Puffing up a steep incline toward Cathkin Braes Mountain Biking….a barrier is collecting a grumbling group – there is confusion as to where those with tickets and those without go….simply to distract while we waited to be told I shared I WON, I – ONE – and wondered….when all are up against it trying to do their job, when the police and the stewards don’t know what to tell people, when you get to the top of a hill to be told to go back down….
where is the worth in working where people already have their purpose? it is those moments in which our ambition is halted, where we are made to wait, where we are confused as to where we should be to best get what we want…that we need to be lifted.
watch them ride past, these bikes – fat tyres and fast
At the Tollcross International Swimming Pool, in Glasgow, a very relaxed atmosphere in the adjacent rose garden despite the almighty snaking queue system complete with shiny new barriers glinting in the sun.
THE SUN!!!???? again, here in Glasgow we have had sun.
Our permissions as roving poets limited us to the areas OUTSIDE of the queue barriers where folk lined up for security, so we found ourselves looking in at those waiting and draping ourselves over a queue barrier. Not the most ideal situation for a non-intrusive dialogue – but smiles still surfaced.
One gentleman on a bench told me he hated poets, they are all “smart” – but after granting me permission, and smiling at mine, he shared his own few lines he’d learnt by heart.
Another in-security queue cluster had told me about a situation where someone had to leave a long distance, Sydney-based relationship – and I shared the poem, “Rushcutters Bay, or I Can’t Decide” and the line
“Moored like these yachts
in obedient patience
I consider our trembling marriage”
It made me think of the few precious platitudes from Dr Seuss I cling to:
“When things start happening, don’t worry, don’t stew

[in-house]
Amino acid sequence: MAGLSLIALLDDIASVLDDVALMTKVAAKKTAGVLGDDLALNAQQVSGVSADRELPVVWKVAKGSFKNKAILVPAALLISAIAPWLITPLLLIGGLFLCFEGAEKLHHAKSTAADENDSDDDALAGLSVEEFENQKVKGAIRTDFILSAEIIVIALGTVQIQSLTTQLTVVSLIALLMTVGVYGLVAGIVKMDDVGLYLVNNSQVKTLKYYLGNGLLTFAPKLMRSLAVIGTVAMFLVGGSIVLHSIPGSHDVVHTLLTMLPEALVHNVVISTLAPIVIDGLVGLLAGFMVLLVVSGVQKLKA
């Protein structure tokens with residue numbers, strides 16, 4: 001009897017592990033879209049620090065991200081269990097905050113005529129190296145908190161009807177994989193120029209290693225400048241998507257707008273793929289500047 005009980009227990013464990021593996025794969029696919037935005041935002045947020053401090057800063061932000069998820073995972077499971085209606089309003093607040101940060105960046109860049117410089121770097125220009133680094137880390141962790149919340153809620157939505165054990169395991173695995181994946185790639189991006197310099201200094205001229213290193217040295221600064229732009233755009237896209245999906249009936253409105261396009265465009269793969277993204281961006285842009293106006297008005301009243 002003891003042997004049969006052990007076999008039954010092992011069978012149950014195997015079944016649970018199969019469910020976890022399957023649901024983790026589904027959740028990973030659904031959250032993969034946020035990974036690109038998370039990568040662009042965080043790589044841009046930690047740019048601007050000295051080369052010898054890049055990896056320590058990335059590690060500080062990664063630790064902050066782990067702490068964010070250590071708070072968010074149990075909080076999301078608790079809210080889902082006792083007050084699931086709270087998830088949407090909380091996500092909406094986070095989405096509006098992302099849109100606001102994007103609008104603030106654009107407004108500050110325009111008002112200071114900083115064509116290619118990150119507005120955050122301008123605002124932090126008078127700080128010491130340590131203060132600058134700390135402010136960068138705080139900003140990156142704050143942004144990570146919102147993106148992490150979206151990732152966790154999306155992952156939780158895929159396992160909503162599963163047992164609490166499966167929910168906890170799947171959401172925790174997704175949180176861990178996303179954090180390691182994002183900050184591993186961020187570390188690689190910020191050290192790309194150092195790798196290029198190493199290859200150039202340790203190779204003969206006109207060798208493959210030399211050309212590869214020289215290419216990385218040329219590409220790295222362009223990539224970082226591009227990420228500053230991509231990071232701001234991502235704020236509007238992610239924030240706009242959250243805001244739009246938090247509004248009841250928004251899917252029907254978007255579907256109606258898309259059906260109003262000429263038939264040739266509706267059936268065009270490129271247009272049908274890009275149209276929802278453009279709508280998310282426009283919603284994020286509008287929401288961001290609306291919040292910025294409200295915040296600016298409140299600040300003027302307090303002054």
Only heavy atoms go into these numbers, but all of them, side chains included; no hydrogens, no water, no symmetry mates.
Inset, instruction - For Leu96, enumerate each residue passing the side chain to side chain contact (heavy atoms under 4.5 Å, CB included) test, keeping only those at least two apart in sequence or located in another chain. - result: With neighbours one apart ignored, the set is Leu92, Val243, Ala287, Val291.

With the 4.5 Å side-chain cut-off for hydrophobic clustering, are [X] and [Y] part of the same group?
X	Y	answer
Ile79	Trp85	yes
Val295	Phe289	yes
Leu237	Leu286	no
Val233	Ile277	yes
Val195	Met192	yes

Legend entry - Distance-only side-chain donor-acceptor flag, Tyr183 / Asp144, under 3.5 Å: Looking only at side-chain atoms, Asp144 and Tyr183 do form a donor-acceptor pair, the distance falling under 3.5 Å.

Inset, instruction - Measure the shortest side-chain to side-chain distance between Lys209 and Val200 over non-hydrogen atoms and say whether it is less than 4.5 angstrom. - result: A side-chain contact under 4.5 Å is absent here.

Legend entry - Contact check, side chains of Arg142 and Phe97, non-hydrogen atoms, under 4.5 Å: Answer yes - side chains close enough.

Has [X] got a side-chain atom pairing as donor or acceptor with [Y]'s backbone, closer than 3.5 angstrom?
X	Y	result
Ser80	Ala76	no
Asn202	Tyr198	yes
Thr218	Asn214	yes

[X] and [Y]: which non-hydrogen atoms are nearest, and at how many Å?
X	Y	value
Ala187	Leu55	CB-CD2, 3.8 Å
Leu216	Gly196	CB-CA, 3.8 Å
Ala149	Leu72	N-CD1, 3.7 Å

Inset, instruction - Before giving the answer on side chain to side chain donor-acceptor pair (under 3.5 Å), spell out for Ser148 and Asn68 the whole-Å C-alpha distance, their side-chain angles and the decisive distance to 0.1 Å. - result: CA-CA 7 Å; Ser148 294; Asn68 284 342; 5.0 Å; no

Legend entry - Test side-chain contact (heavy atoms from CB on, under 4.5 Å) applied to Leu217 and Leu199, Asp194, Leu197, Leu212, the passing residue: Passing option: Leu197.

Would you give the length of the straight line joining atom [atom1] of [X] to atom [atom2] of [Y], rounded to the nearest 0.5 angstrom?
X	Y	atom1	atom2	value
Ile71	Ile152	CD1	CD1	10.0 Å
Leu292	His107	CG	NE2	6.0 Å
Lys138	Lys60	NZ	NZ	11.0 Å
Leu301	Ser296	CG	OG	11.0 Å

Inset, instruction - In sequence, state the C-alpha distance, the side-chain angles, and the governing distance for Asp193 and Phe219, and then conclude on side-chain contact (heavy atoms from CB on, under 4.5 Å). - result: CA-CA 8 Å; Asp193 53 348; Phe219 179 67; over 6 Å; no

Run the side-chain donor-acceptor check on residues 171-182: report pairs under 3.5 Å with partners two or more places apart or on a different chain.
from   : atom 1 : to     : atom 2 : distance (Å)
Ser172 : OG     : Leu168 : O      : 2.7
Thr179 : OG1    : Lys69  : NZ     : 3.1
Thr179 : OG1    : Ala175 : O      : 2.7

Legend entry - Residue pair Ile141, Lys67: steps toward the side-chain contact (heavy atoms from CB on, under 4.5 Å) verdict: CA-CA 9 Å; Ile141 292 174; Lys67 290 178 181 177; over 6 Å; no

Just go right along, you’ll start happening too…”
And speaking of queue clusters, it is an odd thing to be doing a funded project aimed at reducing queue-induced stress where Glasgow2014 doesn’t want us working within the most obvious long line-ups: the security bag and tag airport-style queues.
We’ve done porta-loo queues, Box Office at St George’s square queues, queues at tube stations, queues that curl around a park, queues that reach critical mass at SECC before flowing in en masse, queues that stretch the streets… there are no shortage of options, but the organisers in Glasgow have been very efficient with their queues, bless ’em – most people are on the move!
The woman you hear was a warm voice to edge past in all the crowds and traffic congestion, the re-direction and the road blocks. She was tirelessly welcoming people,
“Hello and welcome to Glasgow!
And if you’re not from Glasgow, thanks for having us, for putting up with us”
I thanked her with a little tiny piece of poetry, and you’ll hear people passing and saying hi or a squeak of celebration.
Tawona pointed out too, that it is not up to the host to decide that they are the most welcoming city. It is up to the guests, and those that are visiting – or those that live here and haven’t always been welcome.
There is a cause uniting people- getting games traffic through, putting on a decent show in the face of some international attention and I feel folk are stepping across dividing lines a little more. Though it is hard to step across anything really with so many road blocks.
It was flotilla day, the ships were reportedly rolling any moment, so the eyes were gazing out across the Clyde. We caught up with those waiting on the bridge.
The Riverside was flowing in usual fashion -huge crowds but rarely a long line up to work within, and folk taking a break to sit and sip. We kept clear of the security barriers as requested, so the critical tension points were again out of our reach. It is remarkable though what a little bit of dialogue does to crack open a creative quest. You really can feel the butterfly wing begin to softly shake the Earth.